Departments of Medicine and Pathology, New York University School of Medicine, 423 East 23rd Street, New York, United States of America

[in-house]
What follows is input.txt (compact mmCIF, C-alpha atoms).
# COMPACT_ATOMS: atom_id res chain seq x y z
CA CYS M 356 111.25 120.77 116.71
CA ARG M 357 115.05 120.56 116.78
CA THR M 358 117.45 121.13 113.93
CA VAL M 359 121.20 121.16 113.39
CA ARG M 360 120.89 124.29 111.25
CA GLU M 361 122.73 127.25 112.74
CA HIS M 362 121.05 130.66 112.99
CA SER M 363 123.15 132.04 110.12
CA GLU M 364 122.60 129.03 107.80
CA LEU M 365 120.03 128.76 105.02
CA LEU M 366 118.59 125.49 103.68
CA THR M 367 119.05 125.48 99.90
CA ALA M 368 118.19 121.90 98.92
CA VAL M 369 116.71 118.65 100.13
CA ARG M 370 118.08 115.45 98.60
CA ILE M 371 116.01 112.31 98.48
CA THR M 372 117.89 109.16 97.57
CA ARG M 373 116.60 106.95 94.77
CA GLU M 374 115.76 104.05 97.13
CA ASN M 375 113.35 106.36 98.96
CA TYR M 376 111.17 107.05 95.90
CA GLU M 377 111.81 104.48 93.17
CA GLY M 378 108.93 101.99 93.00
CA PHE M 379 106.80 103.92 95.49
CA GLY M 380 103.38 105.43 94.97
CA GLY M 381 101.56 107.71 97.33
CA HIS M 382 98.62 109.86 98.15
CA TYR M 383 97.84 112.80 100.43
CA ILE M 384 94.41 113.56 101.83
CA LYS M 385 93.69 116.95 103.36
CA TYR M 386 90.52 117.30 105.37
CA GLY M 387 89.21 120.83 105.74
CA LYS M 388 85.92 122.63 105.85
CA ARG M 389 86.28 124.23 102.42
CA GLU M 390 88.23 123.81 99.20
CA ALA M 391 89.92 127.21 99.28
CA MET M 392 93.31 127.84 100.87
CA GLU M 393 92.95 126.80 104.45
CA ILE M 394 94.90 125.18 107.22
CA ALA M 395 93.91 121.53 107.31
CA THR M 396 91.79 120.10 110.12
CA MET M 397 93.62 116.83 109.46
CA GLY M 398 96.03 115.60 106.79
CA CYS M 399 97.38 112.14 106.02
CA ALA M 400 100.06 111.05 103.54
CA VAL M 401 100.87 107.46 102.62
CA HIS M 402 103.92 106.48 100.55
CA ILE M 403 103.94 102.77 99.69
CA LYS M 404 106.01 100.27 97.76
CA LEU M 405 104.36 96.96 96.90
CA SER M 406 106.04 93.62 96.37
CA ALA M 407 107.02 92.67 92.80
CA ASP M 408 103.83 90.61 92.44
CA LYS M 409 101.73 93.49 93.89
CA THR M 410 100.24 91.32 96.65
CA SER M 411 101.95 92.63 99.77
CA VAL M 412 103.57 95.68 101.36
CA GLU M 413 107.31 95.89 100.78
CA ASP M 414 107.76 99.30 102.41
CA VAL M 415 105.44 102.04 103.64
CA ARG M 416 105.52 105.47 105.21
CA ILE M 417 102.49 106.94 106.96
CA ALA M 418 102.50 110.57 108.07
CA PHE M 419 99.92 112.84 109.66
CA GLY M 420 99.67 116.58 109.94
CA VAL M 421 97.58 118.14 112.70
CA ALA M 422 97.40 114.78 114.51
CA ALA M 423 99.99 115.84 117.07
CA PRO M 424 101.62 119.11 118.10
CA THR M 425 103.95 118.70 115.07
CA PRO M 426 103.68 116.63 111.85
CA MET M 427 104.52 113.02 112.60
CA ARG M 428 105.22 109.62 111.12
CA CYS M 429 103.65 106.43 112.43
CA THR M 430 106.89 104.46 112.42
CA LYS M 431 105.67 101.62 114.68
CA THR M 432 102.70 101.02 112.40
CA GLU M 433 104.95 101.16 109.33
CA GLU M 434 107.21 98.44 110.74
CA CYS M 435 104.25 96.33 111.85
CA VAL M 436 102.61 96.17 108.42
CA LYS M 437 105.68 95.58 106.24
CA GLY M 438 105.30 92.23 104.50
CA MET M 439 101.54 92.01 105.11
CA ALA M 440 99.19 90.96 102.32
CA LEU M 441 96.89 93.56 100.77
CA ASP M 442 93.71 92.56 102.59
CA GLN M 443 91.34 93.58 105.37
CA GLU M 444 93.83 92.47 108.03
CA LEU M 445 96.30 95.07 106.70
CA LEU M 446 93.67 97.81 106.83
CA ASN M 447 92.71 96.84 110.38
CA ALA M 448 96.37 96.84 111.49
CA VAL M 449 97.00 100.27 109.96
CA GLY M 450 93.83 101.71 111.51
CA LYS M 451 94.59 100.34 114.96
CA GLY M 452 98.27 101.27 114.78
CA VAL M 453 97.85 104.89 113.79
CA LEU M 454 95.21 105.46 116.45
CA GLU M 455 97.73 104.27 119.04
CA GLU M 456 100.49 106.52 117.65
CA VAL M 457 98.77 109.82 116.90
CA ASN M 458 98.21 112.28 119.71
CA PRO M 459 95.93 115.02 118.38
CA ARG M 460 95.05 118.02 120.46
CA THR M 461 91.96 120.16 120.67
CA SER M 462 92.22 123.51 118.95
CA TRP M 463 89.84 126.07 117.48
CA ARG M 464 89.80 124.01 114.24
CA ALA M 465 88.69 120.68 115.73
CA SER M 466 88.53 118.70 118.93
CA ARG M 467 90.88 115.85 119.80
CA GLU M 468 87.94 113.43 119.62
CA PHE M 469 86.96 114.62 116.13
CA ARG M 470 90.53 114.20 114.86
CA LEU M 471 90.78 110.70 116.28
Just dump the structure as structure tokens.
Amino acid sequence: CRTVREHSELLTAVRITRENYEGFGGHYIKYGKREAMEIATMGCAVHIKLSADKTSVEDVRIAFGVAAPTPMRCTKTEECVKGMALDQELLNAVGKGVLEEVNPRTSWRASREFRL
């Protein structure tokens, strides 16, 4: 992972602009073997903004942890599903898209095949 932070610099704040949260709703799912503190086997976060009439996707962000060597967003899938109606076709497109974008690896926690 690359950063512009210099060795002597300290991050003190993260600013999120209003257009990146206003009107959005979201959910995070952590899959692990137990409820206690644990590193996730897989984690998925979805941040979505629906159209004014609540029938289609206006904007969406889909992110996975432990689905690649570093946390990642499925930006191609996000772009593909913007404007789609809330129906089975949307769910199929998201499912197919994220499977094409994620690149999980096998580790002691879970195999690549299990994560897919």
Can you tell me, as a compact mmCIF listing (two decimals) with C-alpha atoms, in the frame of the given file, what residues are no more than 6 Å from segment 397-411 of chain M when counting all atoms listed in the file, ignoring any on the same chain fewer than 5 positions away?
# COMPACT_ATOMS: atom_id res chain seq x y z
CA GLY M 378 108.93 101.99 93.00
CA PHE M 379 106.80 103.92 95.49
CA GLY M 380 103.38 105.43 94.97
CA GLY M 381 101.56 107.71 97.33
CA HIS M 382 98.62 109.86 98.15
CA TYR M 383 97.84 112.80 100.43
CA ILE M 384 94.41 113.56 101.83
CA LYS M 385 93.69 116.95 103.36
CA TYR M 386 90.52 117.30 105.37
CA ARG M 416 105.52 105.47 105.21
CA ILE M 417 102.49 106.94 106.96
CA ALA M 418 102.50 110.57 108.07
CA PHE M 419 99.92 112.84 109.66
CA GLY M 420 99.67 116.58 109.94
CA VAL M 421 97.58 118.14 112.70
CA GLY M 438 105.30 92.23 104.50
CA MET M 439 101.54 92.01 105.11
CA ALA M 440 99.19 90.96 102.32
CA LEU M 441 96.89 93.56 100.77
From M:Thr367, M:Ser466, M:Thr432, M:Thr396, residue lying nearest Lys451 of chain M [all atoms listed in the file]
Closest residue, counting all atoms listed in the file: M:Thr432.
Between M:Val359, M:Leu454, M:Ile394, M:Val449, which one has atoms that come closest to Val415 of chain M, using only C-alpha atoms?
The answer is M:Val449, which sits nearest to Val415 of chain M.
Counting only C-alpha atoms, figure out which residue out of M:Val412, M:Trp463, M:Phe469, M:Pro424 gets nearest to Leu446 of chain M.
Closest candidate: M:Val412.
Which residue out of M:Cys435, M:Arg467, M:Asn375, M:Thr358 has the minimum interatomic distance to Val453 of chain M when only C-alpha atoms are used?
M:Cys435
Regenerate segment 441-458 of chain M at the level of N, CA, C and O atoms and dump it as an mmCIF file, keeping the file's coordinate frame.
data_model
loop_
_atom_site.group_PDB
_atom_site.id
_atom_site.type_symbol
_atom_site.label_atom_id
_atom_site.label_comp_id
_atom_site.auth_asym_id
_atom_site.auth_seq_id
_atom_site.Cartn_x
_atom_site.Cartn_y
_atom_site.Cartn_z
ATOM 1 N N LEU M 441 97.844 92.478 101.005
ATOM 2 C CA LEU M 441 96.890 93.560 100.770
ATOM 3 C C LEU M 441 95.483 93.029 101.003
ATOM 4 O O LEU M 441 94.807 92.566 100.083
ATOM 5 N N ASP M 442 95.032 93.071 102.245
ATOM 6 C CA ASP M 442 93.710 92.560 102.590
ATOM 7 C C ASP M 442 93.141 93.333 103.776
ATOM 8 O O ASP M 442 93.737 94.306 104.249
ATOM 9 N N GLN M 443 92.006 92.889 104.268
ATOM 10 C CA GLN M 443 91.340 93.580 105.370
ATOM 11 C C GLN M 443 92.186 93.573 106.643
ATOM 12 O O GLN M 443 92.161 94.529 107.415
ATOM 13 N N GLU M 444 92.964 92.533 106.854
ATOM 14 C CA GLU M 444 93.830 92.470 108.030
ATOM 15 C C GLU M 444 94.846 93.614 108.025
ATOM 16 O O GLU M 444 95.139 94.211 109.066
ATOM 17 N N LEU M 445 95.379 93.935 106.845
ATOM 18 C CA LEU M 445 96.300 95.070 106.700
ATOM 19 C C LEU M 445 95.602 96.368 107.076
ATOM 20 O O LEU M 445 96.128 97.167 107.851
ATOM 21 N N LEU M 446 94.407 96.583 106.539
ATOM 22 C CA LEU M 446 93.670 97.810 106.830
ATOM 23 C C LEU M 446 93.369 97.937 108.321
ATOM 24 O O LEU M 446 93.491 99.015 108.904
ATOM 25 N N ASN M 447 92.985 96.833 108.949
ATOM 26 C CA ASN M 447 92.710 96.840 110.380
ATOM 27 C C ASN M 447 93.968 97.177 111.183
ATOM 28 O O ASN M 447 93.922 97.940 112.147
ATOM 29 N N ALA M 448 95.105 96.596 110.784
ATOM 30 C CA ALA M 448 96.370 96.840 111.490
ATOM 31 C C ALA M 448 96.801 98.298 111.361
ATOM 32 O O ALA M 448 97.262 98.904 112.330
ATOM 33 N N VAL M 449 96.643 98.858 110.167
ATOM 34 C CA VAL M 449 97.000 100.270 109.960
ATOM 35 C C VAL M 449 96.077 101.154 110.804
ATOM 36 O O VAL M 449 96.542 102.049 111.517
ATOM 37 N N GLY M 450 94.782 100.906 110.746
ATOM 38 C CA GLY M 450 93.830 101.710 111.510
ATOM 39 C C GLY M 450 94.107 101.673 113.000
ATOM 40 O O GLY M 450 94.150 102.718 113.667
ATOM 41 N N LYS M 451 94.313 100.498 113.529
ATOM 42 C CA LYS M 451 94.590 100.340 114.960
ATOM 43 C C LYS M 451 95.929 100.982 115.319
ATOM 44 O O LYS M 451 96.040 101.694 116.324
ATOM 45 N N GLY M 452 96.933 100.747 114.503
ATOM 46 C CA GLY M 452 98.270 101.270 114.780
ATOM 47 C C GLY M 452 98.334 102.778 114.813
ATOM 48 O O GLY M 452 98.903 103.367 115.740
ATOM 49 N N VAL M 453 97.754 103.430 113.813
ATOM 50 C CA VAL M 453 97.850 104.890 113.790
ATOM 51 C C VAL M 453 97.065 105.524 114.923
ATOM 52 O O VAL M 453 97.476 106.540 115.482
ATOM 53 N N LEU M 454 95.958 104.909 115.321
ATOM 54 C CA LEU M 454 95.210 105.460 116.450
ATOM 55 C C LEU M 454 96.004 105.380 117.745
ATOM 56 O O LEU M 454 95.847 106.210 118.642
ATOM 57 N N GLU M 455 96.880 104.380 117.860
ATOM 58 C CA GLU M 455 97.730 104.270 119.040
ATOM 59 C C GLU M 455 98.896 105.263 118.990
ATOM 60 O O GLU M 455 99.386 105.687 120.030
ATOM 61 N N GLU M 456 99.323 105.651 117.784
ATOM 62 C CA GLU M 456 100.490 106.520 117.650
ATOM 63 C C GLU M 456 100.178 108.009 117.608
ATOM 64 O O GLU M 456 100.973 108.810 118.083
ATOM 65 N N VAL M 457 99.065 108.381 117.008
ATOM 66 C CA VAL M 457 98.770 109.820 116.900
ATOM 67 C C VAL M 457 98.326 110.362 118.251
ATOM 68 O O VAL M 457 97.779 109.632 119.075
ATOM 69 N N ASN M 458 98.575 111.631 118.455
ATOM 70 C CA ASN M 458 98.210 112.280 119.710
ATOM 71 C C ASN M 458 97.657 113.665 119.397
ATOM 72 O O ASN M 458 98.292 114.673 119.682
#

For unclear reasons, the incidence of esophageal adenocarcinoma (EA) has risen more than 600% in the United States since the 1970s. Although specific host factors might predispose one to disease risk, such a rapid increase in incidence must be predominantly environmental. The widespread use of antibiotics since 1950s could have contributed to this drastic change. Although not directed at H. pylori, antibiotic exposure prior to 1980s could unintentionally eradicate H. pylori leading to the observed increase in EA. Obesity has had a drastic increase in prevalence since 1970s, similar to EA in trend. Both human and animal studies suggest that exposure to antibiotics changes the colonic microbiome in favour of gaining body weight. Antibiotic use could also have altered the microbiome in the distal esophagus. Overall, esophageal diseases tend to be associated with depletion of Gram-positive bacteria and enrichment of Gram-negative bacteria. Microbiome alteration often extended to the mouth and sometimes to the stomach and rectum. The altered microbiome could play a role in the initiation and progression of EA by in situ induction of chronic inflammation and/or activation of carcinogens. Normalization of the microbiome by selected antibiotics and/or probiotics could become a new way for prevention of EA.